Obama becomes the first president to write a computer program

President Barack Obama tells the world everyone should learn to code. And now he’s putting his money where his mouth is.

Earlier today, to help kick off the annual Computer Science Education Week, Obama became the first president to write a computer program. It was a very simple program – it just draws a square on a screen – but that’s the point, says Hadi Partovi, co-founder of Code.org, an organization that promotes computer education. “All programming starts off simply,” he says. “Nobody starts by making a complicated game.”

Last year, Obama gave a speech on YouTube promoting Computer Science Education Week, but didn’t write any code himself. “Learning these skills is not only important for your future. It is important for the future of our country,” the president said in the video. “If we want America to stay on the cutting edge, we need young Americans like you to master the tools and technologies that will change the way we do just about everything.”

Obama echoed the sentiment of the growing code literacy movement, which seeks to expand computer science and programming education around the world. Advocates of code literacy argue that with information technology becoming increasingly integrated into our lives, everyone should learn a little more about how computers work. An entire industry has grown around the idea, with companies offering everything from kids’ games that teach the basics of programming to intensive three-month full-time bootcamps dedicated to teaching people how to code well enough. to get a job.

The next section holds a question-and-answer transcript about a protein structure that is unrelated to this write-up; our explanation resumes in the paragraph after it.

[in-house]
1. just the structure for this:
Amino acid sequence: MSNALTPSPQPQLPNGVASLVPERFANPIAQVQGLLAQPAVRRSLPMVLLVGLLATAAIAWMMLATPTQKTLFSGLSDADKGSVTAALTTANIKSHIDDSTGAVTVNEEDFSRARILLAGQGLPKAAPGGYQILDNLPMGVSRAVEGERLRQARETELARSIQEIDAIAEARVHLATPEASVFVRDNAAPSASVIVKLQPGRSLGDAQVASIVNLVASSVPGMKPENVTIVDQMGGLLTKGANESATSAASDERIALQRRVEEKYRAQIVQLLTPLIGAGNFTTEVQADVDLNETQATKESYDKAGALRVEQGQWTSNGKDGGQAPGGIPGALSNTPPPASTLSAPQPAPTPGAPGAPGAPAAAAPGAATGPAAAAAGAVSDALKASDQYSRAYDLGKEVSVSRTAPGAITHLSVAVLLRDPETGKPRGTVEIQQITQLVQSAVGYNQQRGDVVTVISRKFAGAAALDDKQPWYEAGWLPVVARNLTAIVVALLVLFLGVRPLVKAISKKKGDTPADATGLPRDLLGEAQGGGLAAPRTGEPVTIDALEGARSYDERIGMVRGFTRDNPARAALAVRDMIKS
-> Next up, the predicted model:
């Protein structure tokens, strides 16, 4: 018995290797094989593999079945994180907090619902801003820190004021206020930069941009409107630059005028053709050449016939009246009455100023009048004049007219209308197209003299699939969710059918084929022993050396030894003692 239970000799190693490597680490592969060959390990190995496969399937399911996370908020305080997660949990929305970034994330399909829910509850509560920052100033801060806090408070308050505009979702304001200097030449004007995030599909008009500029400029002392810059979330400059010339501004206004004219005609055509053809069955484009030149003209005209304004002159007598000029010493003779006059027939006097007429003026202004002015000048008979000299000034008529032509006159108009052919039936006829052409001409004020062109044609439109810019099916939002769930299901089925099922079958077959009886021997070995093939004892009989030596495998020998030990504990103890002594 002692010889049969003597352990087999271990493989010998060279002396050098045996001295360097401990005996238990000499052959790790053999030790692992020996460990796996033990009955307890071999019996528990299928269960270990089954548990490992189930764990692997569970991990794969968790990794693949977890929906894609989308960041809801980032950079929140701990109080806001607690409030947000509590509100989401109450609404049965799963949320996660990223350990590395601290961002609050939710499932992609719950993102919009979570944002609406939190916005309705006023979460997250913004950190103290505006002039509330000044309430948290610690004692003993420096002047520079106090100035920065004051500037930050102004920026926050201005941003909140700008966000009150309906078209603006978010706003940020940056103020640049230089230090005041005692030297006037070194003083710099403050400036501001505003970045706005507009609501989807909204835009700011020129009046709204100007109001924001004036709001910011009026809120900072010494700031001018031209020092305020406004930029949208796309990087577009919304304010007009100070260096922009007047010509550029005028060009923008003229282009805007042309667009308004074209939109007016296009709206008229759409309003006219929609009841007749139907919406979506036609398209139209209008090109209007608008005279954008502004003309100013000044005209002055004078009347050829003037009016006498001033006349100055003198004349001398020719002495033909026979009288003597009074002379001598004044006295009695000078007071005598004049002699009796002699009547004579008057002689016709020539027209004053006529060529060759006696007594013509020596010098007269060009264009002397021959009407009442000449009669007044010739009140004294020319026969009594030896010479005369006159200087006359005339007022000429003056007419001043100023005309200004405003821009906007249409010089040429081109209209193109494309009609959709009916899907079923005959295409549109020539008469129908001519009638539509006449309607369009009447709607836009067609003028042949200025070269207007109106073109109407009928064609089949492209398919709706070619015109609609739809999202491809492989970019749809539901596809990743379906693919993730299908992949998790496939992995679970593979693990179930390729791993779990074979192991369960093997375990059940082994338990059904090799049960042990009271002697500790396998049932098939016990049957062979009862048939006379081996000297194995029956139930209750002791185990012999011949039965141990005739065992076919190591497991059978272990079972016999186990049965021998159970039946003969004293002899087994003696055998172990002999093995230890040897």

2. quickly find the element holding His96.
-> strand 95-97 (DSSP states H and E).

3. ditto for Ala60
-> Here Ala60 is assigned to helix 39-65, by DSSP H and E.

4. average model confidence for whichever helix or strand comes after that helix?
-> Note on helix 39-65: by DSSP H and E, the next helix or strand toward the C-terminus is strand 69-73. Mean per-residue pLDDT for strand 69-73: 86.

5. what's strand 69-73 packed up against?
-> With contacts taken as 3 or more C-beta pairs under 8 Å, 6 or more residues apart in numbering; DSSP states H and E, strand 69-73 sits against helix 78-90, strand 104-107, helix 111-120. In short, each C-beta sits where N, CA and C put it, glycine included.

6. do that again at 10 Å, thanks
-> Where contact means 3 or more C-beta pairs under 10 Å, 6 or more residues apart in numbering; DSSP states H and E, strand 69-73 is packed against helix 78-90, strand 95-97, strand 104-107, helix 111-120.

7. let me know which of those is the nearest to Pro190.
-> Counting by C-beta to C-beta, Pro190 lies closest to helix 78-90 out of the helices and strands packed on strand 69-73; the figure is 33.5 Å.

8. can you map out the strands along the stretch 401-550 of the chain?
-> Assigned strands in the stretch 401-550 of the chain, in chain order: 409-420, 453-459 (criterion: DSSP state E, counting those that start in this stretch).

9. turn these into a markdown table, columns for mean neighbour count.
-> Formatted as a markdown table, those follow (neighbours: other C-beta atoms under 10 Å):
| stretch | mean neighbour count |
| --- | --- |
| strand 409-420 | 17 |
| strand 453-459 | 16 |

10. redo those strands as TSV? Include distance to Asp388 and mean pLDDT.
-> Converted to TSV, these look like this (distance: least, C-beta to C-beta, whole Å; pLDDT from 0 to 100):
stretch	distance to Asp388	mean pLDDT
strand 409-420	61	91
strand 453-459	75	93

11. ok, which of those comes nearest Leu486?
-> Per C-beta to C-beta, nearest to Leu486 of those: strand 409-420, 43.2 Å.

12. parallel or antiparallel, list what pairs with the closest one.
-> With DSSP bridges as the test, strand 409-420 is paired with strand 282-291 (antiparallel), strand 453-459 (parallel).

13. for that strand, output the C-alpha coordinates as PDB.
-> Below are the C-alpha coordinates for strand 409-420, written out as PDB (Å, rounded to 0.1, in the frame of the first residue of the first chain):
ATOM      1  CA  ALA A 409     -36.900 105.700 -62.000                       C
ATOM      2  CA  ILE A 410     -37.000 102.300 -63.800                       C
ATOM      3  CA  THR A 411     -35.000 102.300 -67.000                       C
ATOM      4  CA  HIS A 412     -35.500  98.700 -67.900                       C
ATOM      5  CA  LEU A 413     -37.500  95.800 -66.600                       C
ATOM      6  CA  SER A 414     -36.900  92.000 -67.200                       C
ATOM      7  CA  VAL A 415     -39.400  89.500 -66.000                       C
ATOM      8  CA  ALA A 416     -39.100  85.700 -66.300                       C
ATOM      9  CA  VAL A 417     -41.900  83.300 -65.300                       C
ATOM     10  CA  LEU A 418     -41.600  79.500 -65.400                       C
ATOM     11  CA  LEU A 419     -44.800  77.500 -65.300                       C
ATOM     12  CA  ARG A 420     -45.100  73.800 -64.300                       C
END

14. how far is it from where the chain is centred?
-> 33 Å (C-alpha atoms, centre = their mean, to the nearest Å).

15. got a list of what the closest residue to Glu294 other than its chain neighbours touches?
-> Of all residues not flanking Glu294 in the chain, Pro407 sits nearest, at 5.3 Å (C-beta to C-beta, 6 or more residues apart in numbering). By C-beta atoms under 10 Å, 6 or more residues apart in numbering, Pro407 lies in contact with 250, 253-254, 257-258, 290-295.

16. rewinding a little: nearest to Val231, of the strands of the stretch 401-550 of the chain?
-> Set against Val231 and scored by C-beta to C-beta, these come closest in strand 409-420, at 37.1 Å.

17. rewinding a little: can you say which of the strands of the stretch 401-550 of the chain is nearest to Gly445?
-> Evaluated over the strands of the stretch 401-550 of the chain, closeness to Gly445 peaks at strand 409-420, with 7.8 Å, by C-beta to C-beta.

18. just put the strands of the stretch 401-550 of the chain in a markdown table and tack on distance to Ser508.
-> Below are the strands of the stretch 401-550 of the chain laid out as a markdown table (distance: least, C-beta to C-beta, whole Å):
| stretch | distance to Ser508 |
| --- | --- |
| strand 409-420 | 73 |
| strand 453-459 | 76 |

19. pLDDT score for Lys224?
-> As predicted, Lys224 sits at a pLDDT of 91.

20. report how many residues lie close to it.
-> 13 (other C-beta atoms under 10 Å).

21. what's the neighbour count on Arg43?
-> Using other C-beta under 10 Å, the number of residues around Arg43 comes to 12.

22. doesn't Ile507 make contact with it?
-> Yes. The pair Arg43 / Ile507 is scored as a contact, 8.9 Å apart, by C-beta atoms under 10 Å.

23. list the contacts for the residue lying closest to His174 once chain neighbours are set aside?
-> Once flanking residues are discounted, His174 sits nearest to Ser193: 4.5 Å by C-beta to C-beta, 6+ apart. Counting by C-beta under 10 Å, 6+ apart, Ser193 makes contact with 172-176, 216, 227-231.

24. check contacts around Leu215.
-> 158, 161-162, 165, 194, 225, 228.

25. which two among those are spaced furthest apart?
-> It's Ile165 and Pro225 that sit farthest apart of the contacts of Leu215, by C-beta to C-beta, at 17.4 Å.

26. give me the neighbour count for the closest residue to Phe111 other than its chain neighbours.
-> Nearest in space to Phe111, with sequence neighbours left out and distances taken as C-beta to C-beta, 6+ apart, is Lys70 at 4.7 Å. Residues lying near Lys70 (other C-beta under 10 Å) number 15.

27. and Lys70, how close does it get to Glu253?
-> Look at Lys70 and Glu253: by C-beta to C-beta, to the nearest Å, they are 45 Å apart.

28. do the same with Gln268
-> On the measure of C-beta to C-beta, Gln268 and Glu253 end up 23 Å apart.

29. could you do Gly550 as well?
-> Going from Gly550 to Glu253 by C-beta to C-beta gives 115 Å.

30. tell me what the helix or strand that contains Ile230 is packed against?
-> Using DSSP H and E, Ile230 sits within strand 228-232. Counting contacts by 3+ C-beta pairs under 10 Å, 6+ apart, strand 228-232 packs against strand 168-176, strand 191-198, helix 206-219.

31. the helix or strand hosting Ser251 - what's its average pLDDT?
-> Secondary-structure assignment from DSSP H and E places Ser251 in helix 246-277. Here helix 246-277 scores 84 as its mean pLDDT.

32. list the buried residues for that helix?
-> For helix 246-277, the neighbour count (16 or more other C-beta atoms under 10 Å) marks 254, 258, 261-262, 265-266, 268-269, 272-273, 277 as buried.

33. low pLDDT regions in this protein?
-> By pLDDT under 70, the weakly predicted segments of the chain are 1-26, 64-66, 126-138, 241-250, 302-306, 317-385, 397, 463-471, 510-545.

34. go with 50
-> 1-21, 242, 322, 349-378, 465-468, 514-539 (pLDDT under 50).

Code.org launched the “Hour of Code” campaign last year with the goal of convincing all students to try an hour of programming and show them that anyone can learn the basics. As part of the campaign, the organization has created a website that compiles numerous one-hour tutorials, most of which were created specifically for the campaign.

Obama wrote his code portion of an event hosted today by Code.org, which brought 20 middle school students from South Seventeenth Street School in Newark, New Jersey, to the White House, where they met the president and worked on Hour of Code tutorials. . Partovi says the president himself didn’t complete the tutorial from start to finish, but rather went from station to station watching the students work. He did, however, do some of the exercises, which involved both using Google’s Blockly tool and writing a line of code using the JavaScript programming language.

Obama joins New York Mayor Michael Bloomberg, who tweeted in 2012 that his New Year’s resolution was to learn to code, among the top American politicians who took the first steps towards code literacy.

Gordon K. Morehouse